Cinematography Tips from Watchmen DP Gregory Middleton
Gregory Middleton shares some behind-the-scenes stories about the cinematography behind Watchmen — as well as some insights for aspiring filmmakers.
We sat down with the brilliant director of photography Gregory Middleton, who was the eye behind this season’s most powerful episodes of HBO’s Watchmen. If you haven’t been watching, then you’re missing out on some of the most compelling content currently on the small screen.
Here’s what he had to say.
(Warning: SPOILERS ahead.)
PremiumBeat: What kind of cameras, lens packages, and other gear did you use on Watchmen?
Gregory Middleton: I joined the show on episode two, after the pilot was shot. I stuck to the same camera type they used on the pilot, which was an Alexa mini. That was our main camera.
So, we carried two of those, and I switched up our lens package a little bit, and we experimented with a couple of different formats. We shot 178 spherical, and I used Cooke S5 primes. We also carried a small selection of anamorphic lenses, mainly so we could have some more selective focus and change the background focus a little bit for certain types of shots.
We were really trying to emphasize the kind of graphic nature in composition and take some elements from the comic — using selective focus was a good way to do that. We also carried some sliding diopters that let us selectively defocus areas of the frame or selectively increase the focus distance and maybe have a large foreground object in focus as well as someone in the background.
A good example is Old Man Will in the second episode, when he’s being interrogated by Sister Night, and she takes the memory pills. You don’t know what they’re about yet at that point, and she puts them on the table in the foreground.
You have a nice shot of him and the pills, and he’s asking for his pills back and explaining what they are, and they’re both in focus. That’s very much a graphic-novel style of comic frame — everything in the graphic novel is obviously sharp because everything is in focus the way it’s drawn. We wanted to be able to selectively go in and out of that type of look. So that’s basically the origins of the lens package. Everything else is pretty standard — the usual types of tools.
PB: Let’s get into pre-production. Episode 6, “This Extraordinary Being,” is a smooth, linear, seamless experience. The episode is packed with oners and incredible transitions. How’d you go about blocking out those shots?
GM: We tried to do everything live. A big part of the pre-production of this episode was planning all of these transitions and designing all these very elaborate shots. You can’t make them up on the day and have any hope of executing them properly. Some of them involve, you know, 360-lighting cues and things like that. Also, the whole thing is period specific, so knowing exactly what we’re going to see on camera is very important from a budget standpoint and for art design.
What we did in pre-production was a sort of proof of concept to make sure that transitions in the scenes work. I shot two stand-ins on location in Macon, Georgia where we filmed the exterior New York scenes, shooting on my phone through my Artemis viewfinder. We started designing the scenes and running through various permutations of them. Figuring out the blocking with various ADs standing in for other characters.
I would record all these and take them back to the office and edit them together so we could then see the transitions work. And then, of course, we had to figure out how to actually execute them and work out all the various visual effects transitions.
PB: Did you shoot the episode in black and white or did you post-grade color footage? And how was the process of getting HBO to approve the creative decision behind the black and white?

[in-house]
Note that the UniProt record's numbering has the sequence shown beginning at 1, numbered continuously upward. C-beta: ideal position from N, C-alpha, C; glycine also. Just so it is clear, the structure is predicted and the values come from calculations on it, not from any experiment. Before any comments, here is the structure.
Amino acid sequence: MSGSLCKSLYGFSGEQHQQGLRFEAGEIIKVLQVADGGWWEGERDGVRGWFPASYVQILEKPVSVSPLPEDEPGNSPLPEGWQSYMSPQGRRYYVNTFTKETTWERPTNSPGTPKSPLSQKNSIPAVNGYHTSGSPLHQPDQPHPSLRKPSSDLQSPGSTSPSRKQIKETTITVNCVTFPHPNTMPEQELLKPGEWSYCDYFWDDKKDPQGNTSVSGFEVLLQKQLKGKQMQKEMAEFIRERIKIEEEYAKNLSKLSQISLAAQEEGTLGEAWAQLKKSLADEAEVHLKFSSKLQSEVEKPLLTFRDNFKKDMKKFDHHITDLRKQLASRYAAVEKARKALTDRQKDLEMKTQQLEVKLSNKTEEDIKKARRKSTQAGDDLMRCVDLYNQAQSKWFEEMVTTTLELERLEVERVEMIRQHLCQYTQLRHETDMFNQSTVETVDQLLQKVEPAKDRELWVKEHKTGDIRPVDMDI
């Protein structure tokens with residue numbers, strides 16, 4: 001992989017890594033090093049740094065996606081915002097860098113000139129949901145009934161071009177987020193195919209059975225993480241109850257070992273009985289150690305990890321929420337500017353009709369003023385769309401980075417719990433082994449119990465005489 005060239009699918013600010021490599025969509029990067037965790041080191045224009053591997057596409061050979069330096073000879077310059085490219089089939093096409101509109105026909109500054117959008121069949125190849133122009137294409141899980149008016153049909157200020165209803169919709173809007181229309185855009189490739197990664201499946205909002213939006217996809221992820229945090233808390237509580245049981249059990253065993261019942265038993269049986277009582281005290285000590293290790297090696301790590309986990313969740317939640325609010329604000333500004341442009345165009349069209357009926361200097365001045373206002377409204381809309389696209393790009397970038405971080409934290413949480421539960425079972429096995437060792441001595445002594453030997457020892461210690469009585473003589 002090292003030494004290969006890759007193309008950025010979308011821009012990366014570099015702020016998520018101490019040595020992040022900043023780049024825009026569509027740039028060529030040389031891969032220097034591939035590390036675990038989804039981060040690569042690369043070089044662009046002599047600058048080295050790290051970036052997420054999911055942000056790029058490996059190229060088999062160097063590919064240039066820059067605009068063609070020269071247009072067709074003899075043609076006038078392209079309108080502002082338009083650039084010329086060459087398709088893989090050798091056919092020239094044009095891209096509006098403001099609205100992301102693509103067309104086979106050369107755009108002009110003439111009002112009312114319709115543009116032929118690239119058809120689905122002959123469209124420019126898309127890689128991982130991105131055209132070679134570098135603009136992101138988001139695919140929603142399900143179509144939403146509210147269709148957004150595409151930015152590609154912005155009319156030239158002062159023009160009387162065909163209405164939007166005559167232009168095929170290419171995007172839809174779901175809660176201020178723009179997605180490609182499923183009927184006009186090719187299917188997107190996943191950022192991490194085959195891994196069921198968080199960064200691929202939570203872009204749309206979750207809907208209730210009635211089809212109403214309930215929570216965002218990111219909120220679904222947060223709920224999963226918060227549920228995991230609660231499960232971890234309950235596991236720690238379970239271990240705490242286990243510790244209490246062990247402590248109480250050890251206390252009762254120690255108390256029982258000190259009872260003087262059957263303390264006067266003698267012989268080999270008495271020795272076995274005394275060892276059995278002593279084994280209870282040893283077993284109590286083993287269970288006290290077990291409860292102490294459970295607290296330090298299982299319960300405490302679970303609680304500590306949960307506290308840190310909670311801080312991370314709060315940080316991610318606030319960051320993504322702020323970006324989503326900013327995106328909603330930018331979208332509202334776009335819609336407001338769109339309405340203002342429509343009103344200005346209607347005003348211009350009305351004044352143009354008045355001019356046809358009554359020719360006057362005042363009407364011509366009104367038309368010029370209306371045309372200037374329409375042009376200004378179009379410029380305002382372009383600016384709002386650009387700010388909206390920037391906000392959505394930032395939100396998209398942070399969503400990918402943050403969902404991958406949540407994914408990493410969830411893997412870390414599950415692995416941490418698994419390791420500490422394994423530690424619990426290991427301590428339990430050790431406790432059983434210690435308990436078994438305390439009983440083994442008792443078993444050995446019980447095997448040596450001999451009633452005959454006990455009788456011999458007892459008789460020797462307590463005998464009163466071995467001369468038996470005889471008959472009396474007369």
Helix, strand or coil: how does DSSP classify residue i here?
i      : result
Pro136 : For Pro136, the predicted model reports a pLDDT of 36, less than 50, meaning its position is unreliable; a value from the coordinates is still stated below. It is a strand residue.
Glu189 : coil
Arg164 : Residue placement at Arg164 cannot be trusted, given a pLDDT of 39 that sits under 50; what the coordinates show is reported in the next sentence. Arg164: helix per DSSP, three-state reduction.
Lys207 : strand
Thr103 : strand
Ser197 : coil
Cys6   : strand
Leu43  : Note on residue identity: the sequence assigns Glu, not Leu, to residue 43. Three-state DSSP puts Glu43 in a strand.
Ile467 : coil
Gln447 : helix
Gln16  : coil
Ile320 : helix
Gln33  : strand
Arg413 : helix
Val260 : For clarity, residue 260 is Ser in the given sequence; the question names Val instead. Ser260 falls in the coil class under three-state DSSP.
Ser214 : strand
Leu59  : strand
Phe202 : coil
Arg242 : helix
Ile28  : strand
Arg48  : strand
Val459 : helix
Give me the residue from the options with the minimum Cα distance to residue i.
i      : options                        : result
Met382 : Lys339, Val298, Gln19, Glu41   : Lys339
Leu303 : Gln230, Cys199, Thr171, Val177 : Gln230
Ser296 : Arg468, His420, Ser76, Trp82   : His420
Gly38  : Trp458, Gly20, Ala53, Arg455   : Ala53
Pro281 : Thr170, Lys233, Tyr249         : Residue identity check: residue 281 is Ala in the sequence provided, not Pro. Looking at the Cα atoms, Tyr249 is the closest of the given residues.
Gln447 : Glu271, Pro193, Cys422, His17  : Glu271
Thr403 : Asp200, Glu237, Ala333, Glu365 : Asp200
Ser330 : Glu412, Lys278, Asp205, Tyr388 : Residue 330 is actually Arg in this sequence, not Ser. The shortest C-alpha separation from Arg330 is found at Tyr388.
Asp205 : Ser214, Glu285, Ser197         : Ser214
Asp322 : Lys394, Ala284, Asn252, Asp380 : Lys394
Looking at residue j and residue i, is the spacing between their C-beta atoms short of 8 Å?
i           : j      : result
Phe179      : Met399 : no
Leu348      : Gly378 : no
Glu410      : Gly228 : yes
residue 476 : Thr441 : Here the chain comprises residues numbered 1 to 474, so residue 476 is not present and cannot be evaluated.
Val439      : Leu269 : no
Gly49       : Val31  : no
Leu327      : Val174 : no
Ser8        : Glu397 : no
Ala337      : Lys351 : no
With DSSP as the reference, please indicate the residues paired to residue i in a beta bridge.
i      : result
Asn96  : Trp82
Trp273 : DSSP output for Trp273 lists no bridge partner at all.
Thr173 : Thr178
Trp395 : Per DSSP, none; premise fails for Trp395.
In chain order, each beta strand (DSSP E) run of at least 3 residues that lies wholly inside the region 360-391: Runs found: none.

GM: HBO was fine with the decision as long as it was a one-off. They recognized that the episode was very unique and could tell it was going to be special.
For that episode, I built a custom LUT that looked like old black-and-white, very contrasty film stock, and that’s what I had on set to shoot with. So, I was looking at black and white on the monitor the whole time we were shooting. It allowed us to make proper evaluations of what we were doing, while preserving the ability to later put color in the background.
PB: In “This Extraordinary Being,” when Angela overdoses on her grandfather’s memories, the visual style is surreal. At times, it’s terrifying and truly feels like the viewer has taken the drugs along with Angela. How were you able to capture that feeling visually?
GM: Myself and the director of the episode, Stephen Williams, spent a lot of time figuring out how to go in and out of each scene and design the transitions. What style of camera movement will help us go to these places? When will we go into something that’s fully first-person and when will we not?
Because the whole scene simply wouldn’t work as only first-person — you need to see Will, you need to see his performance and see who he is as a person, so we’re going to be at this weirdly objective view of flowing through his life.
So we looked at the idea of using a lot uninterrupted takes as a possible technique, and that’s very powerful because it makes you pay attention more closely as an audience because you start to recognize there’s not going to be cuts to tell you what to look at.
And then we go in and out of the first-person scenario a couple of times, like when he was getting mugged in the alley by the other police officers and when he getting strung up and hanged.
For the hanging scene, we really wanted to do first-person because it was going to be the most harrowing experience possible for the audience. Again, at that point, they should feel they know there are going to be very few cuts. You’re going to be forced to go through this horrifying experience and psychologically you should know you’re not going to get relief from this, which makes it even more frightening, because that’s what he would experience — he didn’t know he was going to get out of that alive.
And the audience knows that character lived, but, no, they should not be feeling that. We should feel like we don’t know if we’re going to make it out and feel all the emotions that would come up through him. That’s what makes the one edit that comes in at the end of that sequence, to Angela, so powerful because you can see her reacting in a way that hopefully the audience is also feeling.
And that was very tricky to do. Like, we’re real first-person, shot with a custom dolly rig for him being dragged to the tree. We wanted to be able to combine it in one shot — we want to see him struggling, see his hands are still tied, and, in the background, see the other officer throwing the noose over the tree — and get all that information without editing anything.